A technician checks capsules leaving the Bosch 3000 Encapsulation machine at the Elan Corporation plant in Westmeath, Ireland. The German company plans to integrate more into China's economy with more investment and technology innovation. [Photo / Bloomberg]
B usiness in China rose 30% in revenue terms over past five years
BEIJING - German technology and service provider Robert Bosch GmbH regards China as the major destination for its future investment as it sees the huge market potential from China's robust economic growth.
"China will be the major market for our group's future investment as we expect a good business environment there in the near future, similar to that of the past five years, supported by central government's positive policies. China's dynamic economic growth is evidence of the region's incredible potential," said Uwe Raschke, board member of Bosch, who is responsible for coordination of company activities in the Asia-Pacific region.
"Our group took the leading position and gained a great reputation in the China market when we invested intensively after we established our first representative office in Beijing in 1989. Now, when we expect further future growth, it requires further investment," said Raschke.
Bosch's business in China increased some 30 percent on average in terms of revenue over the past five years, he added.
Raschke told China Daily that the company's sales jumped almost 40 percent last year, based on 27 billion yuan ($4.1 billion) in sales it gained in 2009 from the China market.
Bosch's preliminary figures for 2010 showed that the German company returned to its growth course in 2010 from the serious financial crisis in 2008. It generated sales of 47.3 billion euros ($67.6 billion), 24 percent more than the previous year, the highest level of annual sales in the 125 years of its history.
Raschke said that the company's recovery was greatly driven by the robust growth in emerging markets, especially in the China-led Asia-Pacific region, where Bosch achieved a nominal year-on-year sales increase of 42 percent, generating sales of more than 10 billion euros for the first time.
The company expects the global upswing to continue in 2011 with a GDP growth figure of some 3.5 percent, as well as a greater lift from emerging markets of more than 6 percent on average.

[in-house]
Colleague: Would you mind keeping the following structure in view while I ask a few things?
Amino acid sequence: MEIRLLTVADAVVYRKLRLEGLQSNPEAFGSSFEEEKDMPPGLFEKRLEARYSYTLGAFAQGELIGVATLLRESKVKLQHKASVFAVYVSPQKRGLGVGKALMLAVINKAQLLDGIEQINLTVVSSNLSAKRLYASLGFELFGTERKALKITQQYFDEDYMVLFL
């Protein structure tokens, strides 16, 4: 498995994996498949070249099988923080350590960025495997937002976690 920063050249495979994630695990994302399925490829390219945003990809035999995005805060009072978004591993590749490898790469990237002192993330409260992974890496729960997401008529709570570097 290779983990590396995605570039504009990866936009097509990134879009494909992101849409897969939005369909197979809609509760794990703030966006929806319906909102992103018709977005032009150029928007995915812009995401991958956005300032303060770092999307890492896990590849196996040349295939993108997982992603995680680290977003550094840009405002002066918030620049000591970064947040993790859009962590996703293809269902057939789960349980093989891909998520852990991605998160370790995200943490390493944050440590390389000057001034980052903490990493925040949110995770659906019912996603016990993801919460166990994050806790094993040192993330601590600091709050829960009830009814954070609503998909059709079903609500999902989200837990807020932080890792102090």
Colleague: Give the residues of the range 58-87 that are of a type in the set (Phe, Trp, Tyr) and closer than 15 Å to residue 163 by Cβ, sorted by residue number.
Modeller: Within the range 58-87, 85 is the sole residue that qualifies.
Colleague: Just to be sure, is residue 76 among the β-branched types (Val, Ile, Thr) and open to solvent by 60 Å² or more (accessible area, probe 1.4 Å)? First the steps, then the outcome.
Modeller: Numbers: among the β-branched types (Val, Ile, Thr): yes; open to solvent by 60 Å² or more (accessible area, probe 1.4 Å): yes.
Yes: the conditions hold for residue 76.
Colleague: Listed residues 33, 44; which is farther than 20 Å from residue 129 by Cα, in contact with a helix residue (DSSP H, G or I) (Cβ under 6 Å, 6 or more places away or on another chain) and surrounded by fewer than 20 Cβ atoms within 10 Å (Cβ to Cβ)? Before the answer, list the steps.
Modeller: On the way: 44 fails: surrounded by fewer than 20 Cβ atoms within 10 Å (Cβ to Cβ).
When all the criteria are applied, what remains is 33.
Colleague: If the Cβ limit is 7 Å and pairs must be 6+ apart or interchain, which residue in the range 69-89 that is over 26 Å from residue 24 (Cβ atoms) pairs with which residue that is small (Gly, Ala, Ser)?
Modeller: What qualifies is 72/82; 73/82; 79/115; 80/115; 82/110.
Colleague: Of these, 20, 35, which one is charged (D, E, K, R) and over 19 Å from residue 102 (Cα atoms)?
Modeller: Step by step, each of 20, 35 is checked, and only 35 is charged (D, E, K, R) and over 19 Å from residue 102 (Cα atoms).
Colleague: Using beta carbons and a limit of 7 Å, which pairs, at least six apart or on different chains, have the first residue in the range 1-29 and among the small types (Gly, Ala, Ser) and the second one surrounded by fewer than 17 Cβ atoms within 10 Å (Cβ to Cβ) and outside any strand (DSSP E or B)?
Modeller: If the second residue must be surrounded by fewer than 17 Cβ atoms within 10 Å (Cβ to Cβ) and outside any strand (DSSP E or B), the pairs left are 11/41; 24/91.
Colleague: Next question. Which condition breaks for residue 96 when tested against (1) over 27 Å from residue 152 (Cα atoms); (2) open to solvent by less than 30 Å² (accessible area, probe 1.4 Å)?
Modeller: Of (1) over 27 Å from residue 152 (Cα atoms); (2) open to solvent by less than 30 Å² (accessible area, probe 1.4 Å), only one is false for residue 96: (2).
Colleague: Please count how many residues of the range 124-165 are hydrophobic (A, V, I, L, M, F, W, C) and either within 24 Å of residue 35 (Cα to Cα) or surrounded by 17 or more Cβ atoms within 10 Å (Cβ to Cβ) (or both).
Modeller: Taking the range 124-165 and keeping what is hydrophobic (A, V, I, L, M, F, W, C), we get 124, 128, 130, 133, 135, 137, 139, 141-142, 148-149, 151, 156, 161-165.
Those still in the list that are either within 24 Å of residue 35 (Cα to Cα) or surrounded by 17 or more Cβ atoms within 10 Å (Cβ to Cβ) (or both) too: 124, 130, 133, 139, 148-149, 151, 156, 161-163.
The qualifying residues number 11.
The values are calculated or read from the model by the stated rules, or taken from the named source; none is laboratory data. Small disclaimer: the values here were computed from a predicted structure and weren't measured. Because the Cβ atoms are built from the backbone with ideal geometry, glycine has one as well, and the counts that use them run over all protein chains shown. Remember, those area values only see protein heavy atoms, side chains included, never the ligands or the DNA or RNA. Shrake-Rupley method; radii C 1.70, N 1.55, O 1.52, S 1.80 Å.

However, Raschke said he is confident that Bosch's sales in China will grow by double-digits annually in the next five years, as it aims to become further localized in products, management as well research and development (R&D).
Chen Yudong, formerly executive vice-president of Bosch China, was the first mainland Chinese to be appointed president of Bosch China, effective as of Jan 1. He is taking over the responsibility from Peter Pang, who retired from the position on Dec 31.
Chen joined the company in 2007. He has a deep understanding of the Chinese market and more than doubled sales of Bosch Automotive Technology, a segment that contributed roughly 60 percent to the group's total sales in China.
According to Raschke, about 90 percent of Bosch's local production of automotive products, industrial products and consumer goods are supplied to the local market.
"We are greatly looking forward to working together with our more than 26,000 Bosch associates in China to bring more localized technologies themed 'invented for life' as well as to provide dedicated local support for our Chinese customers," said Raschke.
He also said that Bosch will invest heavily in research and development to improve its products in terms of quality, safety and convenience.
Raschke told China Daily that Bosch puts close to 10 percent of its revenue every year into R&D. Currently, every fourth Bosch R&D is located in the Asia-Pacific region, and more than half of the company's 21 sites in Asia have been in China.
"Bosch is committed to long-term development in this promising market and will continue to contribute to protecting the environment and saving resources in China with our extensive green technology innovations and solid local presence," said Raschke.
Although he believes the traditional combustion engine will remain central to the automobile sector for the next 20 years, Bosch is also "heavily investing" in developing electric vehicle technologies.
"We don't want to beat with competition through low prices. We want to offer affordable products for the regional markets and want to lead with technologies that reflect safety, quality and efficiency," said Raschke.